In 1990, there were 5,417 reported SIDS deaths in the US, according to the National Vital Statistics Reports, National Center for Health Statistics, and in 2006 there were 2,246 such deaths reported, which attests to the efforts to prevent it. (The infant mortality rate from all causes declined in that period as well, it should be noted, and preliminary results for 2020—the most recent figures available—show a further decline.)
The Back to Sleep recommendation is for healthy infants only. Those with upper airway anomalies, gastroesophageal reflux, or other problems may or may not benefit from sleeping on their backs. Parents should discuss these special situations with their child’s doctor.
Are There Any Downsides to Back-Sleeping?
The number-one problem with back sleeping is the possibility of developing a misshapen head, from lying on the same spot on a still somewhat soft skull all the time.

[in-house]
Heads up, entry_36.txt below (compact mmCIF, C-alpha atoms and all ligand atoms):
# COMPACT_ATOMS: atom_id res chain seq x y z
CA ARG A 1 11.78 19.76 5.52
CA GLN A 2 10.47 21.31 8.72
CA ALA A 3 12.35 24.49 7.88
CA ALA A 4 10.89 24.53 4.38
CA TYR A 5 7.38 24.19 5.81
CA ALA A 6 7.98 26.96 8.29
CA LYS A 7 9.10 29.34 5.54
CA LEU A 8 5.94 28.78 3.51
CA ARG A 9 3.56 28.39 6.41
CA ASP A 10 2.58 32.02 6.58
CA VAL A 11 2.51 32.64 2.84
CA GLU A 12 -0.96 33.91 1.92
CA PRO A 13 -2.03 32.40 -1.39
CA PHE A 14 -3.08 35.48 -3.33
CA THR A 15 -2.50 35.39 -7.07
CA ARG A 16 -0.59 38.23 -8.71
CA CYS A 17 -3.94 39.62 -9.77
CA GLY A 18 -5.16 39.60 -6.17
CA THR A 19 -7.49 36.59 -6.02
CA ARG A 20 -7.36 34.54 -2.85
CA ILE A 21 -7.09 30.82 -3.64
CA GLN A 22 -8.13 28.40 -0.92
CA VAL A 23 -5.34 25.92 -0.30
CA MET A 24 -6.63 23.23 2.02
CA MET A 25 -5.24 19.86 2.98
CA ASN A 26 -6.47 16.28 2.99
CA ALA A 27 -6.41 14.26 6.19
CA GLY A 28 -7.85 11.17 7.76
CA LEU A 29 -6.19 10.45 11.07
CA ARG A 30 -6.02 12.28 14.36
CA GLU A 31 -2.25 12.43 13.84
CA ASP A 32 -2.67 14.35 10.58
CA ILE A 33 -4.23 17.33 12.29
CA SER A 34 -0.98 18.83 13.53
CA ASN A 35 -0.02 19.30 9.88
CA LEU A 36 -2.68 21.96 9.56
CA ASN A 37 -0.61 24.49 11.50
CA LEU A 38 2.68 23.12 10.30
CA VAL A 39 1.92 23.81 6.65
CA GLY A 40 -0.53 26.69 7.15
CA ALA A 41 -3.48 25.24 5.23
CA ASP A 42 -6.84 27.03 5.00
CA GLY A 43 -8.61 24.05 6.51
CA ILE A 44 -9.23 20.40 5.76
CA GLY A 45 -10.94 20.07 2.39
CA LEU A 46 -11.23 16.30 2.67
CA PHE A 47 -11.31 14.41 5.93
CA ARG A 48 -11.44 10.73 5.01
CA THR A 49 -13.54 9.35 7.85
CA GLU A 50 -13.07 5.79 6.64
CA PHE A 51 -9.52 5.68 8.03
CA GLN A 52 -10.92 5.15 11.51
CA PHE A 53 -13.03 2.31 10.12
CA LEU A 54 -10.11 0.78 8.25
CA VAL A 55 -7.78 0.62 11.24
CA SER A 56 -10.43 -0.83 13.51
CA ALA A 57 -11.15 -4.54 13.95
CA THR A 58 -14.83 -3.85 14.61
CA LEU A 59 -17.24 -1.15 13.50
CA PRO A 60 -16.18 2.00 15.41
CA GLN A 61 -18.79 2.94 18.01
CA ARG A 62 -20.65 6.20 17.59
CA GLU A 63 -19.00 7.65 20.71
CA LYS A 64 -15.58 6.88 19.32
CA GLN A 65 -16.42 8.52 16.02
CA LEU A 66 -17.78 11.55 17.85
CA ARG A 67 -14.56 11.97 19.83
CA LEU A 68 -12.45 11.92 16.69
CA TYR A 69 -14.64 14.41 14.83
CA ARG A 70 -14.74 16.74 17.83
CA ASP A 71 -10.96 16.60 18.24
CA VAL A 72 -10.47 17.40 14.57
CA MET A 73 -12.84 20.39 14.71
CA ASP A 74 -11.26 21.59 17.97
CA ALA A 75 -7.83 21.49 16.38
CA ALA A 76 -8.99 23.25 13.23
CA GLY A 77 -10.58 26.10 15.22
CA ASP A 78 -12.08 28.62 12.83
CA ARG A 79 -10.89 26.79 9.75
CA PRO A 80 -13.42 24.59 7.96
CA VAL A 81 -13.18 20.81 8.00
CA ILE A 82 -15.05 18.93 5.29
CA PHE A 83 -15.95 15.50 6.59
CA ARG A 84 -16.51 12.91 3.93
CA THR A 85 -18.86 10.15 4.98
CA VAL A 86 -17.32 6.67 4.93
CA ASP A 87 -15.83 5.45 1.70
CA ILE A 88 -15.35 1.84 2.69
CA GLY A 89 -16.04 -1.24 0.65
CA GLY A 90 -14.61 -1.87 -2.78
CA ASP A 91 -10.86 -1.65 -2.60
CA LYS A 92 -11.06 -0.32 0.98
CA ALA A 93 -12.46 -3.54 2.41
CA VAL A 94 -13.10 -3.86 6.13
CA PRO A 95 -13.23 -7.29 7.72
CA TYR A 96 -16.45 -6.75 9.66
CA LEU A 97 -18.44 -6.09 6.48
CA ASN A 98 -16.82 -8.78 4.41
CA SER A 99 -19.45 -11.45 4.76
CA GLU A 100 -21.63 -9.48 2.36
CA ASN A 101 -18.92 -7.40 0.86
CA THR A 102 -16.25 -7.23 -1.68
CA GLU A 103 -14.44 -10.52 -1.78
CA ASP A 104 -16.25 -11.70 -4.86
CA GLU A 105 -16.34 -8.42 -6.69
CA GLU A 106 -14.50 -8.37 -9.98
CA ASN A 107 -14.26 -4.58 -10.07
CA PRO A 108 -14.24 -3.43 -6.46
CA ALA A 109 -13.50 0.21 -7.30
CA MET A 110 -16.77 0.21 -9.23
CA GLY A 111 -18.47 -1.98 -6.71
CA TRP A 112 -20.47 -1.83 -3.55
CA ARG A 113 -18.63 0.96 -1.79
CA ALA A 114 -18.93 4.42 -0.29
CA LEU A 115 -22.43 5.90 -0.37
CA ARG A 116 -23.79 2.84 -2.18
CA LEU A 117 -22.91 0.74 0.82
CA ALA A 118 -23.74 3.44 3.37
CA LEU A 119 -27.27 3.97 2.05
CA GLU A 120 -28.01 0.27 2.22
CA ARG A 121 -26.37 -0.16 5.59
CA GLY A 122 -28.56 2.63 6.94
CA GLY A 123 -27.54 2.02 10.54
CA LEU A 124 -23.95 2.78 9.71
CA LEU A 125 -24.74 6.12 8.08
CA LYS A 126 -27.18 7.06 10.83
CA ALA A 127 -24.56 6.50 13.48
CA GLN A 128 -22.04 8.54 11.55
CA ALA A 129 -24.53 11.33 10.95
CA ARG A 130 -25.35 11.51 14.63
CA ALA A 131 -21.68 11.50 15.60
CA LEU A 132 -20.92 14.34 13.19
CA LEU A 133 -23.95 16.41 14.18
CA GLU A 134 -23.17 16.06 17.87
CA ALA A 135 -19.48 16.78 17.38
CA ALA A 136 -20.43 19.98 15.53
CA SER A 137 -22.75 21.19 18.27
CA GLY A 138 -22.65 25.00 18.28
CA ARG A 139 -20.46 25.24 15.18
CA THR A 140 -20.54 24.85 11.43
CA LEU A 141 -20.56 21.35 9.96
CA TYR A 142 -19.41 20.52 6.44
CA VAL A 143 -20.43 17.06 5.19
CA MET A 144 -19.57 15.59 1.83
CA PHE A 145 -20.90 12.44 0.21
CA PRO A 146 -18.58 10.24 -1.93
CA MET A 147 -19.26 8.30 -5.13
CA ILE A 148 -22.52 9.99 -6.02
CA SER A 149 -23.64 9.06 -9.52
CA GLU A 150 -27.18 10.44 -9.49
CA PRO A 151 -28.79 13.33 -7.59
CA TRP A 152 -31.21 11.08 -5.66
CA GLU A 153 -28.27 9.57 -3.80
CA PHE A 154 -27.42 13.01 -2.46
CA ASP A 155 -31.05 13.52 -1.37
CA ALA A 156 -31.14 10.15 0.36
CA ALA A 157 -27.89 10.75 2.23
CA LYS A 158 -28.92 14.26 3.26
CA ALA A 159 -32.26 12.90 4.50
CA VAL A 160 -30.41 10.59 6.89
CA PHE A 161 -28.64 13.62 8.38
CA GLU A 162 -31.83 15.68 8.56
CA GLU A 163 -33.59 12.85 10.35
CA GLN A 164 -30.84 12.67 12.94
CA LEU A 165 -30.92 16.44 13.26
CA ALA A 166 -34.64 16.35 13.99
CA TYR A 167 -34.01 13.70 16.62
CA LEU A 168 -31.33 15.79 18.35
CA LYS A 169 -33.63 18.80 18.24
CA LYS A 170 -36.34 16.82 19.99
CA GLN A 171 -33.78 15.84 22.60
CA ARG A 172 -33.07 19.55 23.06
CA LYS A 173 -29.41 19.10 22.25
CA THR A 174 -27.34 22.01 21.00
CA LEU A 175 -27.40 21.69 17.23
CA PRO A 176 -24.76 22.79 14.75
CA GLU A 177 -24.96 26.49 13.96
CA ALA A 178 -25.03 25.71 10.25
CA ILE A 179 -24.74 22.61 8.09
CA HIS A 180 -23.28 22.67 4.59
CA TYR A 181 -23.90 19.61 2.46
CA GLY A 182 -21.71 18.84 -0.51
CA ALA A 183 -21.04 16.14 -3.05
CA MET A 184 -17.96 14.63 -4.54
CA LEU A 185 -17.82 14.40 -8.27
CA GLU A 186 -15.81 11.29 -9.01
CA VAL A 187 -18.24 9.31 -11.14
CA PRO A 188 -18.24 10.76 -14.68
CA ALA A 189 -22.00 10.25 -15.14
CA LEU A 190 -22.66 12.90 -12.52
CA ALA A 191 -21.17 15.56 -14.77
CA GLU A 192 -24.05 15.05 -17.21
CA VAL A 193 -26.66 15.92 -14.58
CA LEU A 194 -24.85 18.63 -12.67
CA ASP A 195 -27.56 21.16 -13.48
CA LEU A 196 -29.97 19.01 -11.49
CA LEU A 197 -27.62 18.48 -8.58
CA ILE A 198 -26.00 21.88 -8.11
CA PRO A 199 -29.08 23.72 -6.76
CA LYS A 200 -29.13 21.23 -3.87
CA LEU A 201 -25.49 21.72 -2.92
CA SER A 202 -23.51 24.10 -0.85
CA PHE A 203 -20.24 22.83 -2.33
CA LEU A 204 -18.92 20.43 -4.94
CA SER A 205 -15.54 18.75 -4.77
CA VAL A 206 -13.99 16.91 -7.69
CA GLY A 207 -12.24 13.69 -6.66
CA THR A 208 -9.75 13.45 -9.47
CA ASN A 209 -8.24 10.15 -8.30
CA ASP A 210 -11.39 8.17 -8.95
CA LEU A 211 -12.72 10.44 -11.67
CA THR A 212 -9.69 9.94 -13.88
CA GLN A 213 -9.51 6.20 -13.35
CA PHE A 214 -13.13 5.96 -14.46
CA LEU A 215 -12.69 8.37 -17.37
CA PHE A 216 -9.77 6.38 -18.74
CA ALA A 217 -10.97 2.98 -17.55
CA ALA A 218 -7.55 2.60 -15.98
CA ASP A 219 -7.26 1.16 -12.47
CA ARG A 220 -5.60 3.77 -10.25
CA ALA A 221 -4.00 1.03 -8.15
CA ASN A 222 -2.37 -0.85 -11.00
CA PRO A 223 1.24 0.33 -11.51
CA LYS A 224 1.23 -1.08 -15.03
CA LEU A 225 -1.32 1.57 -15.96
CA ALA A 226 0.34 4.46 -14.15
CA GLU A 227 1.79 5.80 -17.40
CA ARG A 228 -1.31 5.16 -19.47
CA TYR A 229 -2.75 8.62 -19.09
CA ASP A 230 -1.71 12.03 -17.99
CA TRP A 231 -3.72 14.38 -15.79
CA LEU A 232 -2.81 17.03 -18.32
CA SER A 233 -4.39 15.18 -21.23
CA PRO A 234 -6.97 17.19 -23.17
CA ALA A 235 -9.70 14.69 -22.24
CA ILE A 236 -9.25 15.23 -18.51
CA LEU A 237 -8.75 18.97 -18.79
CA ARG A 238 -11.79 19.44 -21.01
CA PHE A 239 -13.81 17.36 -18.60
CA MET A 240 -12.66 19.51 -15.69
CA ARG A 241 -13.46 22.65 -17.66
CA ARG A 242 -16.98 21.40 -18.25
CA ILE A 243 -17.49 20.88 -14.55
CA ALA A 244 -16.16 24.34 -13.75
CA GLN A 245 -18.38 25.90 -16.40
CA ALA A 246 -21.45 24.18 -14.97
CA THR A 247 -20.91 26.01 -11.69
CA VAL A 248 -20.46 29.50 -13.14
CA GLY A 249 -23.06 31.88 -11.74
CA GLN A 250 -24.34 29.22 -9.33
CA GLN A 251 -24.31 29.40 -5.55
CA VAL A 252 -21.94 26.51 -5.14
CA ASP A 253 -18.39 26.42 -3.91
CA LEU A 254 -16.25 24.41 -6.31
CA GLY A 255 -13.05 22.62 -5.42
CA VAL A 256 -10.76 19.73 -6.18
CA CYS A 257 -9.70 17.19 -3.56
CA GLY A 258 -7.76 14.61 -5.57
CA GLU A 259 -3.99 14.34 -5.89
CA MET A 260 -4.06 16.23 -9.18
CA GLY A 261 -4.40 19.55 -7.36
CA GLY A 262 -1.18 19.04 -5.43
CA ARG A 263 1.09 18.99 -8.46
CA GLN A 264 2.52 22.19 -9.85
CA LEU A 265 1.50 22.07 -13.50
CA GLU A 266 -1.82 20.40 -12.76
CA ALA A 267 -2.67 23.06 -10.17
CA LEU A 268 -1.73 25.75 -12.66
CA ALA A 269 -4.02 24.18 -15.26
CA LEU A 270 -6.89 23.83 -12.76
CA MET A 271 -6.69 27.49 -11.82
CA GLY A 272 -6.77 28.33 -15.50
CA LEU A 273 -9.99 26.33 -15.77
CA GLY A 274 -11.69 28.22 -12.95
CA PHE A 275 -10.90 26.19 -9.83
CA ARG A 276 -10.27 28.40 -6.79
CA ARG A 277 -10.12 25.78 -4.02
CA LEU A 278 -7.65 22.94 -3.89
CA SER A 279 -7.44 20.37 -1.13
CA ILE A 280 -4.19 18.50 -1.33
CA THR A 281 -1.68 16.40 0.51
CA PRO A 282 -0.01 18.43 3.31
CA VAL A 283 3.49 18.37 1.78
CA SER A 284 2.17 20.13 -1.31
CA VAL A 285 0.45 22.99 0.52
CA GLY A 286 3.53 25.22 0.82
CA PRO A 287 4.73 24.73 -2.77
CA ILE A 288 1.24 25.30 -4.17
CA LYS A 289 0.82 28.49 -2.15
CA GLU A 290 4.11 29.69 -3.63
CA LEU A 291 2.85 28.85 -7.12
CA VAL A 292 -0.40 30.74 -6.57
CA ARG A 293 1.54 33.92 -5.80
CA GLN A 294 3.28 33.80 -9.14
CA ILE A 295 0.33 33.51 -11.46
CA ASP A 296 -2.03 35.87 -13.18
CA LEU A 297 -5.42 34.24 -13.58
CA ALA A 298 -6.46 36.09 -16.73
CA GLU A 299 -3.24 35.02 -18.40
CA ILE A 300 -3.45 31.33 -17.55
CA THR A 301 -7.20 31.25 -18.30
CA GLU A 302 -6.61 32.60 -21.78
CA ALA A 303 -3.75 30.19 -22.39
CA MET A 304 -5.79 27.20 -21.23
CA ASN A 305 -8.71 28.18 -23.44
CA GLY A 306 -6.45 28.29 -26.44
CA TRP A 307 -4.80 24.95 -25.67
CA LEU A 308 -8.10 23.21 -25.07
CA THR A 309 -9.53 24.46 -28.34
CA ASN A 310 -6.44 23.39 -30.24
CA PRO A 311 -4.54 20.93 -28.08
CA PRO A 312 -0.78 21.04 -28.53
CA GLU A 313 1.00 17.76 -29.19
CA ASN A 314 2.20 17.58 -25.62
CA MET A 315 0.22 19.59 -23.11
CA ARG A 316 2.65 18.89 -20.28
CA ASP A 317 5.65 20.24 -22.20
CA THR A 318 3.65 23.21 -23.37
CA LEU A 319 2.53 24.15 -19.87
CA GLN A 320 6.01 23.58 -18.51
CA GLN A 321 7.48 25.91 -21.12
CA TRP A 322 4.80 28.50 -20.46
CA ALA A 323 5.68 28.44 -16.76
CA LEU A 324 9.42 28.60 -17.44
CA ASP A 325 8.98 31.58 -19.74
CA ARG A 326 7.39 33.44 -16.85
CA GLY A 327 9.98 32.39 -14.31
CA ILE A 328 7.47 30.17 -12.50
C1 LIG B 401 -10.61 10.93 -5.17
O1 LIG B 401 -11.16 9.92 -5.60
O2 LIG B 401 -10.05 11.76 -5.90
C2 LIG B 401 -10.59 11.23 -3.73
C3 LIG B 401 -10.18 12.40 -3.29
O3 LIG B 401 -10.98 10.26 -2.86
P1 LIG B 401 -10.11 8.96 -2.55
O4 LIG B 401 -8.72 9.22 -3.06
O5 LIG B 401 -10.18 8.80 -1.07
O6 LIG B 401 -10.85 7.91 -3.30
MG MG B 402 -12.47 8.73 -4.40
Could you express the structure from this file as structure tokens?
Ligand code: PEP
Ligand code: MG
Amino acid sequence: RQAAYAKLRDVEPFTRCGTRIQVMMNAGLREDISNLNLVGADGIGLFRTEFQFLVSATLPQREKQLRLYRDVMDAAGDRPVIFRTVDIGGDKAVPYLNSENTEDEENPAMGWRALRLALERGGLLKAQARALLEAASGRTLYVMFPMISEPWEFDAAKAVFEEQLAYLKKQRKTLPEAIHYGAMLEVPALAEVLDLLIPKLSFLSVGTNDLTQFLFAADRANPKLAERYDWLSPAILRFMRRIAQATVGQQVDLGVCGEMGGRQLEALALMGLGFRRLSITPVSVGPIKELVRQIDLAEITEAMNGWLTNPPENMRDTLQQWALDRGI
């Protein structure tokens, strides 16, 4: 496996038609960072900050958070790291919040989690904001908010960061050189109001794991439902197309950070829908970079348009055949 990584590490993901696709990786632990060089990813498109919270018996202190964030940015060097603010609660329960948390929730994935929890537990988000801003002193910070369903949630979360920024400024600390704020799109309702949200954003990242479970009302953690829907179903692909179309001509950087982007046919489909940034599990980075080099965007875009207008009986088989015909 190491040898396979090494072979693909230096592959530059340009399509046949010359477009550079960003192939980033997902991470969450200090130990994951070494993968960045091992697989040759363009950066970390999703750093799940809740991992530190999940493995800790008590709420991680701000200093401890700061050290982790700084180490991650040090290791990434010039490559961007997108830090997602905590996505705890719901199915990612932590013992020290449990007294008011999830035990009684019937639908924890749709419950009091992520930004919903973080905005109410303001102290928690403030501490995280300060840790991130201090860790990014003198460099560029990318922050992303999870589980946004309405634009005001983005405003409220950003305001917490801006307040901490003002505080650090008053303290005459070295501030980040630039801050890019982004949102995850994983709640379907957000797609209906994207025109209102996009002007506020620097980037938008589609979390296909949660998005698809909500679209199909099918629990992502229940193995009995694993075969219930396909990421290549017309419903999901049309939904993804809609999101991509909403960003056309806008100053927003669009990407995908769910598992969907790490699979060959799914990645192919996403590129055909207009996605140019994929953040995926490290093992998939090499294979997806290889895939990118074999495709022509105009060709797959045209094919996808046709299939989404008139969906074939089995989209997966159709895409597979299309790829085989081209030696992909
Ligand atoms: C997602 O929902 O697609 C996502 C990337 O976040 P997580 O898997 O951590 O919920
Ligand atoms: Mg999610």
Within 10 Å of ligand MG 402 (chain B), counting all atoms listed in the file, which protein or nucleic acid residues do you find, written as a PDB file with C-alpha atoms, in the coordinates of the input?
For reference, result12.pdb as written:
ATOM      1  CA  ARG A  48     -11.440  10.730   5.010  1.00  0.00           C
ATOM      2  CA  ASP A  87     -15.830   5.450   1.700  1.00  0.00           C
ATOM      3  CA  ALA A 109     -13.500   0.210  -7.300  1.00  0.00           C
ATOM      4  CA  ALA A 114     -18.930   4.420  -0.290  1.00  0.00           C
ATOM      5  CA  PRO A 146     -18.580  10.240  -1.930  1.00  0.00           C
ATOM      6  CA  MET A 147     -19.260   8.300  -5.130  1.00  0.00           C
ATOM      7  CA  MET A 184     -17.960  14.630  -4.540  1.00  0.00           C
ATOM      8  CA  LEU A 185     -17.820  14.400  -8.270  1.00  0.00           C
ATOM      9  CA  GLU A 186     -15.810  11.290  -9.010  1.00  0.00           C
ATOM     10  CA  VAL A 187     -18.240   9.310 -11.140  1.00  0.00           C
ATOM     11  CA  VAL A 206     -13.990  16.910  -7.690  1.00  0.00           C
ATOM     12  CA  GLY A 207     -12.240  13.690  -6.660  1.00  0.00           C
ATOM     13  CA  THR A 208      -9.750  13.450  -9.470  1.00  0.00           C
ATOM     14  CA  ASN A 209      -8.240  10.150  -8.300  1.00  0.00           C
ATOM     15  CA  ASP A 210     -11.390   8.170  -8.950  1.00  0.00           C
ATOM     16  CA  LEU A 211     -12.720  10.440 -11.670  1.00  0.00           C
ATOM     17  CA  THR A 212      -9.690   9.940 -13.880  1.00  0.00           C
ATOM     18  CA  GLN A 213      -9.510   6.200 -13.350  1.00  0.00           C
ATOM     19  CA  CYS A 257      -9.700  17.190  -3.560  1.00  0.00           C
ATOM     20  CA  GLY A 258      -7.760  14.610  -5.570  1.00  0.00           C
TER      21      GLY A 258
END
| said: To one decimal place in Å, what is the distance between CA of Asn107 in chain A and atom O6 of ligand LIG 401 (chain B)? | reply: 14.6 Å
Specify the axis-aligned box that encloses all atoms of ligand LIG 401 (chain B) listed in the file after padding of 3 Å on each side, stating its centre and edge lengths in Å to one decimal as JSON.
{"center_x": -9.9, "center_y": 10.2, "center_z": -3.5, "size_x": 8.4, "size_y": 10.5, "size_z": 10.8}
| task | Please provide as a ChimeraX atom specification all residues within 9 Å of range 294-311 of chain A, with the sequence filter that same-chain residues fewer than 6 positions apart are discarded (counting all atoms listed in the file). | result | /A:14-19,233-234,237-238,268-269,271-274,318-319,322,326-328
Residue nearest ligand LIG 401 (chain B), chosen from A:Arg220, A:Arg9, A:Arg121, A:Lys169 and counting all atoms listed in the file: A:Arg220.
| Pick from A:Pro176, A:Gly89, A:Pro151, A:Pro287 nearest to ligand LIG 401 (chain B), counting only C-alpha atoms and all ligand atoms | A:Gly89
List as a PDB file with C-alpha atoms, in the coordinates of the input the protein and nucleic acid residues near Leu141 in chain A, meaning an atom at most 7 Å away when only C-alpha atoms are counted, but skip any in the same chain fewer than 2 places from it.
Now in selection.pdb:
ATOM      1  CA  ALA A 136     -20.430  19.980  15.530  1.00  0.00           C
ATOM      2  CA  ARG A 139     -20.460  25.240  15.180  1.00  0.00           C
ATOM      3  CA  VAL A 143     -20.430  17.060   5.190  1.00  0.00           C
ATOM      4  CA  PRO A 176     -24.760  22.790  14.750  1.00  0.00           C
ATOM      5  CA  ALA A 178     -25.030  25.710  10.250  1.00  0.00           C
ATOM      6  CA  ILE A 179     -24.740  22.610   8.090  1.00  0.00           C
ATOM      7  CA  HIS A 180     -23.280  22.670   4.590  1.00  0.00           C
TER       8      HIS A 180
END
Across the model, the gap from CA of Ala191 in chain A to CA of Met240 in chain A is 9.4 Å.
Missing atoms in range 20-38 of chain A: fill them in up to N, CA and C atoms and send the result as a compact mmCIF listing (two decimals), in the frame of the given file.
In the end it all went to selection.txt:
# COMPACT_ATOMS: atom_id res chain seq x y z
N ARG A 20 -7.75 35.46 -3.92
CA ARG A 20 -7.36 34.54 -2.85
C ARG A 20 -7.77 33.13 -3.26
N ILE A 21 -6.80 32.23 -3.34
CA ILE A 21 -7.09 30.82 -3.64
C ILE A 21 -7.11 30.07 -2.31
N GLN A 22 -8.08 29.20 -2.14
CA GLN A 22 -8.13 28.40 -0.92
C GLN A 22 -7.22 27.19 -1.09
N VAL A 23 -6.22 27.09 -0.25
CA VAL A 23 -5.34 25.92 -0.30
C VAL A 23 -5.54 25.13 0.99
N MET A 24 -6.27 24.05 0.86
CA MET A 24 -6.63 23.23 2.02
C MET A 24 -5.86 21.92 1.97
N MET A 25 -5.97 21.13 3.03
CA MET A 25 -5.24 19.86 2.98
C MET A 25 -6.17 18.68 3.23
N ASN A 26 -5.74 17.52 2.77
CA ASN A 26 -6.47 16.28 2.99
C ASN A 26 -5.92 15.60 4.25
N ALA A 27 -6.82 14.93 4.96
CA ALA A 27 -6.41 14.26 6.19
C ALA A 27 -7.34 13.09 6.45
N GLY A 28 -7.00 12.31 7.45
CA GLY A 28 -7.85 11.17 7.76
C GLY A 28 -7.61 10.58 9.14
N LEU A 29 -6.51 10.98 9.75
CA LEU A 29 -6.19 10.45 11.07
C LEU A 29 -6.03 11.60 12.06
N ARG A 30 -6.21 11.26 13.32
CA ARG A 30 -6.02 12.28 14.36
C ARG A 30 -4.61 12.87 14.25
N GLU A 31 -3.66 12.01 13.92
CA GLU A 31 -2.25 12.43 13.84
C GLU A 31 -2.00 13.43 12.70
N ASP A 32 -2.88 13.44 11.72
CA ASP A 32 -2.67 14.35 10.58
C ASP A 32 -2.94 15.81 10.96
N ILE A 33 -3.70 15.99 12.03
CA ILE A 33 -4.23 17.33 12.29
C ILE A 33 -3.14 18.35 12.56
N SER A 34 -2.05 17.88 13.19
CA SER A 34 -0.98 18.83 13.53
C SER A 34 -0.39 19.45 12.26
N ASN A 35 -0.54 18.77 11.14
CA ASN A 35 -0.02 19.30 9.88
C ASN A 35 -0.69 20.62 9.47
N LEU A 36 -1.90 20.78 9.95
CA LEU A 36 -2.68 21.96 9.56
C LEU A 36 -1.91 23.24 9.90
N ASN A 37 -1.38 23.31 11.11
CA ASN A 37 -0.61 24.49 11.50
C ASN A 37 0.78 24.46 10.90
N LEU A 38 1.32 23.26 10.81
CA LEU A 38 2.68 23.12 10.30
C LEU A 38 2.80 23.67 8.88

Back sleeping may cause flat spots on the back of the head, which you may hear called by its fancy name, positional plagiocephaly. This is a cosmetic concern that rarely requires surgical intervention. According to Dr. Sadler, “There are no neurological problems associated with positional plagiocephaly. Development is indeed normal, and in the vast majority of cases the asymmetry resolves as the infant spends more time upright, rolls over in bed on his/her own, and spends less time sleeping. It only becomes a cosmetic issue when the molding is severe, or when the child is approaching the age of two when the growth of the head is 75 percent to 80 percent complete.”
Most health insurance plans won’t cover treatment for cosmetic problems like an asymmetrical head if it is not causing a health problem, so parents should be alert to this possible side effect of back sleeping, and take preventive measures.